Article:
This will allow data to be used on a wider scale and enable the whole area to run more efficiently, rather than just individual premises. So, imagine driving to work, and as your connected car approaches the car park of the IoT-powered building, it will direct you to a free parking spot nearby, or alert you to a breakfast offer in the café in the lobby. If you’ll be the first to arrive, the air conditioning or heating on the floor will switch on from eco-mode to ensure you won’t be sweating or freezing as you take your seat.
Protecting connected buildings against cyber-threats
“Of course, any increased attack surface, whether it’s a connected car, an entire building, or just your home’s handful of smart light bulbs, raises the risk of a breach.”
Hackers don’t have much to gain from accessing your bedside lamp, but if more sensitive corporate data can be stolen by hacking into a building’s heating or parking system, it becomes a very appealing target for cyber criminals, making security more important than ever before.
The risk is two-fold which is why data must be protected both in motion (i.e. as it travels on an IoT network to the cloud and back) and at rest (i.e. within any connected device or ‘thing’). Private mobile networks, complemented by a global, virtual private mobile network with encrypted mobile-edge-to-cloud connectivity, help ensure the security and integrity of data across a range of applications, from a car to a connected building.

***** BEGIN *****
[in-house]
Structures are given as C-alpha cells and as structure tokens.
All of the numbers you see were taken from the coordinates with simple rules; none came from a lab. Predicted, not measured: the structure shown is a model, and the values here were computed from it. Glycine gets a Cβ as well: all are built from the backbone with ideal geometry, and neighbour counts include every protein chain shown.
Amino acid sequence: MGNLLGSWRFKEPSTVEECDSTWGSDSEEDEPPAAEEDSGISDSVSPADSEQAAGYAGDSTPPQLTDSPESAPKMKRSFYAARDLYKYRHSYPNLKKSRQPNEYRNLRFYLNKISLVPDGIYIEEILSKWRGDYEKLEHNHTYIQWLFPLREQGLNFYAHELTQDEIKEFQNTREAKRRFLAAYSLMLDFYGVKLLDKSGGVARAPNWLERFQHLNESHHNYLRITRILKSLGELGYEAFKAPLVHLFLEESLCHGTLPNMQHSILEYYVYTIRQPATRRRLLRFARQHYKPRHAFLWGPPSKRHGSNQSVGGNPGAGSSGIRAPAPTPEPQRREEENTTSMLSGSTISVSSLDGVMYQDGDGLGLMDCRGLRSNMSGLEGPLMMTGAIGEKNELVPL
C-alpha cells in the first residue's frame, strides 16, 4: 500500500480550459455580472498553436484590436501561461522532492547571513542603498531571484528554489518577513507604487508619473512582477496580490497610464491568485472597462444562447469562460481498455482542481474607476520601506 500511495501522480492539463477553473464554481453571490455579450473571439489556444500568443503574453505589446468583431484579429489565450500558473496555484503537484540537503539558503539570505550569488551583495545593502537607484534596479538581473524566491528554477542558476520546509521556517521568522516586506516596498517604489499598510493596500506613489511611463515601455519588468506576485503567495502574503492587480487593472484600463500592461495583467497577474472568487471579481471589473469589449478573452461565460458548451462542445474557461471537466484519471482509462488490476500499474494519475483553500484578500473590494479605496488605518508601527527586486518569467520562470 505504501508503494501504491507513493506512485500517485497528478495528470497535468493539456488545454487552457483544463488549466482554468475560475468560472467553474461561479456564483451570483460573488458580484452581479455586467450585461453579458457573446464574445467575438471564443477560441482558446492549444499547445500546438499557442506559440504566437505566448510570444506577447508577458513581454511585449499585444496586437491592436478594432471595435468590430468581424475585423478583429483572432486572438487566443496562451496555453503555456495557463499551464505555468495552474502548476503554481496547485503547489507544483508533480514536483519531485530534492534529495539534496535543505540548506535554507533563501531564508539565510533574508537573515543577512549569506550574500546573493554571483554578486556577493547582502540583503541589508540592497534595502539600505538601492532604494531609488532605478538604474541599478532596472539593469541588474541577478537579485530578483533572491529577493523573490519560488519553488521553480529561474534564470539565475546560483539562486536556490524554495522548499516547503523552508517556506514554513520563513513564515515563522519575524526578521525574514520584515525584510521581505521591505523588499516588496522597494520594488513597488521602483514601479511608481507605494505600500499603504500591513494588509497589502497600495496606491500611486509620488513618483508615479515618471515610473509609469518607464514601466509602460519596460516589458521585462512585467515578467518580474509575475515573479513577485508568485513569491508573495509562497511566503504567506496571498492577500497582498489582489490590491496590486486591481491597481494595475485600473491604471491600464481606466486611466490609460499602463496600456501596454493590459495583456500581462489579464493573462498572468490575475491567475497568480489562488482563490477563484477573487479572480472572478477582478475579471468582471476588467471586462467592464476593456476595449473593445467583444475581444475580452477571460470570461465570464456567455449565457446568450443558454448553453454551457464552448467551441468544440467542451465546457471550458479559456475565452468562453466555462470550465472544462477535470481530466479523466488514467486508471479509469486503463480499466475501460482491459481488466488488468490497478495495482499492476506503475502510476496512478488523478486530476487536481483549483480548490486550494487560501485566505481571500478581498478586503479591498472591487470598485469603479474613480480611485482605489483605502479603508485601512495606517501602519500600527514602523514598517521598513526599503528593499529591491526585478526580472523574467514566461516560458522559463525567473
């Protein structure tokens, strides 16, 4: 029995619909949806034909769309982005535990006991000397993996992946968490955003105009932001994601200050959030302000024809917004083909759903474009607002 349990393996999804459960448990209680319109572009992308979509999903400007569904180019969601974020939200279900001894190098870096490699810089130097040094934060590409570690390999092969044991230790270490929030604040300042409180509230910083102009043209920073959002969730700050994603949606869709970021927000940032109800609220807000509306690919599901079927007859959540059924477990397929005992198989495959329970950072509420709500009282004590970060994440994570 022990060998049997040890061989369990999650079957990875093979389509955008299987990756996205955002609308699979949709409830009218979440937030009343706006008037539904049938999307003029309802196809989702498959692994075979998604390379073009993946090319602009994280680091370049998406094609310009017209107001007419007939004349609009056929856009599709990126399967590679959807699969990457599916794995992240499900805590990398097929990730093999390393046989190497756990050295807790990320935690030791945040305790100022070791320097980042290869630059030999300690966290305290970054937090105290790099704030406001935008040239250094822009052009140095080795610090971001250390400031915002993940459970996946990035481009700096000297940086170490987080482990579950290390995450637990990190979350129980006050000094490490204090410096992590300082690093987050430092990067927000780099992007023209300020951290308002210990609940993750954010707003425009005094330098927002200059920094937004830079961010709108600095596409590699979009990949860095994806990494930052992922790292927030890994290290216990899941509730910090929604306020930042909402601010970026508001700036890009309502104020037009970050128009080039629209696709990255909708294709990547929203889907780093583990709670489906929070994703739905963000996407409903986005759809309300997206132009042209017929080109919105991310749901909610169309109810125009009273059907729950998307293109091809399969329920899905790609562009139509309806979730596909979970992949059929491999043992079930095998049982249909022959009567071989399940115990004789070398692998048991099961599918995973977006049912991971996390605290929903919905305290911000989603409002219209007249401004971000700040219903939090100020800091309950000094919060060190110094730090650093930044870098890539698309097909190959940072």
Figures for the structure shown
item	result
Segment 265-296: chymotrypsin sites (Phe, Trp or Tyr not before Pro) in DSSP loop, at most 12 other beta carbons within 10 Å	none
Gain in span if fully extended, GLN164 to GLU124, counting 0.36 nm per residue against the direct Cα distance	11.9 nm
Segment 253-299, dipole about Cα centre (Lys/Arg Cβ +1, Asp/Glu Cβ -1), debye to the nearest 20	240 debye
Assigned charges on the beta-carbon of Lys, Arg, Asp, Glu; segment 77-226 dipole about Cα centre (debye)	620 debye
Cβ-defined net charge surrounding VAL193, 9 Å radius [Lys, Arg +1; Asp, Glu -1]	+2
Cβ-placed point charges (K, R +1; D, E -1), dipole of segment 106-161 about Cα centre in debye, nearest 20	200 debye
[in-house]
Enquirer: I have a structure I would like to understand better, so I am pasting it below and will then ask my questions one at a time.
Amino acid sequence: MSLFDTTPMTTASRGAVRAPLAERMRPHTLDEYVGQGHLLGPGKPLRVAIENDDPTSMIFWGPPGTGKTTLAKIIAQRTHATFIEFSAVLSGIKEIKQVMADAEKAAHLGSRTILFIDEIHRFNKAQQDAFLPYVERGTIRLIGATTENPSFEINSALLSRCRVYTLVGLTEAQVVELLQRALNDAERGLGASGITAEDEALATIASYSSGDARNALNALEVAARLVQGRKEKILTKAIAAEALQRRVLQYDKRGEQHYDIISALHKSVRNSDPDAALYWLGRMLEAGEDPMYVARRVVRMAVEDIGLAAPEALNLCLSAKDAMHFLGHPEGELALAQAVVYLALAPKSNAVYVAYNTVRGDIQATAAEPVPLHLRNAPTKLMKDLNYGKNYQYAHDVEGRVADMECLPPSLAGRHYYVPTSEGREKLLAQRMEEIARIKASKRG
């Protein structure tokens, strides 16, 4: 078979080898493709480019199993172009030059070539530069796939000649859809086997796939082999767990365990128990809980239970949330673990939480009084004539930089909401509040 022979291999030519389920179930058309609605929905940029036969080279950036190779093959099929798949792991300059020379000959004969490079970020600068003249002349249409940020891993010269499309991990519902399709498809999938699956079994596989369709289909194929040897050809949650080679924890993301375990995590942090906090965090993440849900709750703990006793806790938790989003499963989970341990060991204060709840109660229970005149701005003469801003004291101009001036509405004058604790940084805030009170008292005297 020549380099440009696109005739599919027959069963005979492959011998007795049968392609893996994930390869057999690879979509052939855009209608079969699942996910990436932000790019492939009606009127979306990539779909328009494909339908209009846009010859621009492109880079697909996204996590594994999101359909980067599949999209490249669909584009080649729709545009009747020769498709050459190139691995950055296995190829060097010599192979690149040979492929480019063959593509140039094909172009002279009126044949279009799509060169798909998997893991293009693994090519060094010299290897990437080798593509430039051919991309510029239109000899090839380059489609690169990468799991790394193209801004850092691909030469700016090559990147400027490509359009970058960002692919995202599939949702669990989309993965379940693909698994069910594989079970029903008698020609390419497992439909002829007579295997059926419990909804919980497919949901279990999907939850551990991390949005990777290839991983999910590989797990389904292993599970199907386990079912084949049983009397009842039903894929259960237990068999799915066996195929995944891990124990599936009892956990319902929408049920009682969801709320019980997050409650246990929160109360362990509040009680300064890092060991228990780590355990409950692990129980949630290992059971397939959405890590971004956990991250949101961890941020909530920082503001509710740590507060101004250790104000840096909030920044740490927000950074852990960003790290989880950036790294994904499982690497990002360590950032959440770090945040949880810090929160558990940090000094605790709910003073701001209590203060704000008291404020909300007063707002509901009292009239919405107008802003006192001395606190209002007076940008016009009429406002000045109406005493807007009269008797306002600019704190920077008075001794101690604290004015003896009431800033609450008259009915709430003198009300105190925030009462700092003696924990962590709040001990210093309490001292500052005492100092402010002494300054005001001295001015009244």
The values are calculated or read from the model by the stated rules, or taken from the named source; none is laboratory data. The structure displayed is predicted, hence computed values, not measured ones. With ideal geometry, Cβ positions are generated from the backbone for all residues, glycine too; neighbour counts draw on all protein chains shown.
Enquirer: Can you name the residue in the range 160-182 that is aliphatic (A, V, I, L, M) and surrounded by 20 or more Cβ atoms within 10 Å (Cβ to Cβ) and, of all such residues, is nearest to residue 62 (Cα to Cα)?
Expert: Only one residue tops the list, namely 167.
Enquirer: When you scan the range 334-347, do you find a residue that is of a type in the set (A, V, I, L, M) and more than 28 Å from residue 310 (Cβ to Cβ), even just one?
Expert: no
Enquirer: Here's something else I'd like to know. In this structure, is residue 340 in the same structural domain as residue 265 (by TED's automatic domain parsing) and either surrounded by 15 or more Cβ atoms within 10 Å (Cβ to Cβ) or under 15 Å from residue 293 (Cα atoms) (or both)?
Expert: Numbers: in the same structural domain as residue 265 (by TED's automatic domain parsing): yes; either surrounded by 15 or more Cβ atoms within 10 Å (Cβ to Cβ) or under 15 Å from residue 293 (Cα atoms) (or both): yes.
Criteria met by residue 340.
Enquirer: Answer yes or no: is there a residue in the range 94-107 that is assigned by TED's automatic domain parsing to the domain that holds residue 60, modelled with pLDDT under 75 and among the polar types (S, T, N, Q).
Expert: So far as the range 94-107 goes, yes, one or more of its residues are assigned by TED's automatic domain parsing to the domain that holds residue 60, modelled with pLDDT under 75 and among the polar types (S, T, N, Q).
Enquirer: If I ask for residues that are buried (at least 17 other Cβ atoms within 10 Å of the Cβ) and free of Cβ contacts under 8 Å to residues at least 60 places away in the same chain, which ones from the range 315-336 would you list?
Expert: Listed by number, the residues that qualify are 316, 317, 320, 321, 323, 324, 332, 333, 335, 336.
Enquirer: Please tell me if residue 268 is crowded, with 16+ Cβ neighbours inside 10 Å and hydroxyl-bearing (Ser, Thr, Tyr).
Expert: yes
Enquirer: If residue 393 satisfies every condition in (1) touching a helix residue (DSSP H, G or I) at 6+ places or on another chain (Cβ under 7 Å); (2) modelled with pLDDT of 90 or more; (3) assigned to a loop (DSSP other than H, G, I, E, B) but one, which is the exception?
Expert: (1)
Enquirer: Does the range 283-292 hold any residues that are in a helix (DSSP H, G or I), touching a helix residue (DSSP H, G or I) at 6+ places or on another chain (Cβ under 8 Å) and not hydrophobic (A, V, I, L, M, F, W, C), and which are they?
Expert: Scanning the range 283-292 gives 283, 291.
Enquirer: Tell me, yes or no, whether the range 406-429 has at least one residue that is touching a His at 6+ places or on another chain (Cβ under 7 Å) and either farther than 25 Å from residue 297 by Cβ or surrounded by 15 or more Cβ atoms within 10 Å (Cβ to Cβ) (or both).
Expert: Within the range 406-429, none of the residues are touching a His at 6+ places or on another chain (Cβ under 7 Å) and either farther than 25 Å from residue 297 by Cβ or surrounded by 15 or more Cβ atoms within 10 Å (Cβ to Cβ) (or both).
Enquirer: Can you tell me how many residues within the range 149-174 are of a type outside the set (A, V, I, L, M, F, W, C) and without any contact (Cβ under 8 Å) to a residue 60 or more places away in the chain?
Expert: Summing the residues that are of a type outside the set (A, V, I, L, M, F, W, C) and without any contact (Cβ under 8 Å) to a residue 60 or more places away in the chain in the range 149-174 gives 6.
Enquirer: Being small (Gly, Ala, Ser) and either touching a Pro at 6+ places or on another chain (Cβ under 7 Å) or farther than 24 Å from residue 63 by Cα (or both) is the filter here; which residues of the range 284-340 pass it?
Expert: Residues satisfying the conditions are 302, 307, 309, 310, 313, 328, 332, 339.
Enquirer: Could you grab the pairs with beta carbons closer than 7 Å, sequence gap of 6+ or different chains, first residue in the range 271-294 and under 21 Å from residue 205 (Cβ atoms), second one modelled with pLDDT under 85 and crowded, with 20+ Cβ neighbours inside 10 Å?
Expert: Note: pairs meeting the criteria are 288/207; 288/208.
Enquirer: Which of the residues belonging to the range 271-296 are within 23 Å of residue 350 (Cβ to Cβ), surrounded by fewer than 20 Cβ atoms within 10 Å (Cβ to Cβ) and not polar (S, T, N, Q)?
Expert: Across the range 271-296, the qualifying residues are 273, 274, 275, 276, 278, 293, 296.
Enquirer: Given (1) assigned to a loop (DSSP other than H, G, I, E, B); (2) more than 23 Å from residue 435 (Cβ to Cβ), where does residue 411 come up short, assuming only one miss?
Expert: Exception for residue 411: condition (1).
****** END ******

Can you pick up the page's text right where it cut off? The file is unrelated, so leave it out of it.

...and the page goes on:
But what about buildings that have been around since the 1800s? Incorporating smart, secure IoT technology is relatively easy when starting from scratch but older buildings weren’t designed to be fitted with the sensors and networks, and doing so isn’t always possible, particularly if the building in question is particularly historic.
However, it’s not impossible. When New York City’s Empire State Building was completed in 1931 the Bakelite telephone was seen as cutting edge, but the skyscraper’s status as a prestige location for businesses has not waned as more modern buildings have sprung up around it. In order to address issues around intelligence and energy efficiency, the 102-storey building went through a $550m revamp, introducing a building management system that uses sensors to enable smart control over the climate and air quality based on the occupancy levels of specific areas. As a result, some offices within the building are now comparable to newly built green buildings in terms of energy consumption.
“According to a 2019 report by US think tank the EraNova Institute, what holds many buildings back from becoming smarter is their over-reliance on paper to manage critical systems such as electricity, plumbing and air conditioning.”
While a revamp the scale of the Empire State Building is a complex and costly undertaking, the returns on this investment are undeniable for building owners and managers, as well as businesses and people and the wider urban ecosystem. Digital transformation is the key to rebuilding our cities, no matter how old the foundations are.
Read Kim’s article on breaking down barriers for MVNOs in the IoT market.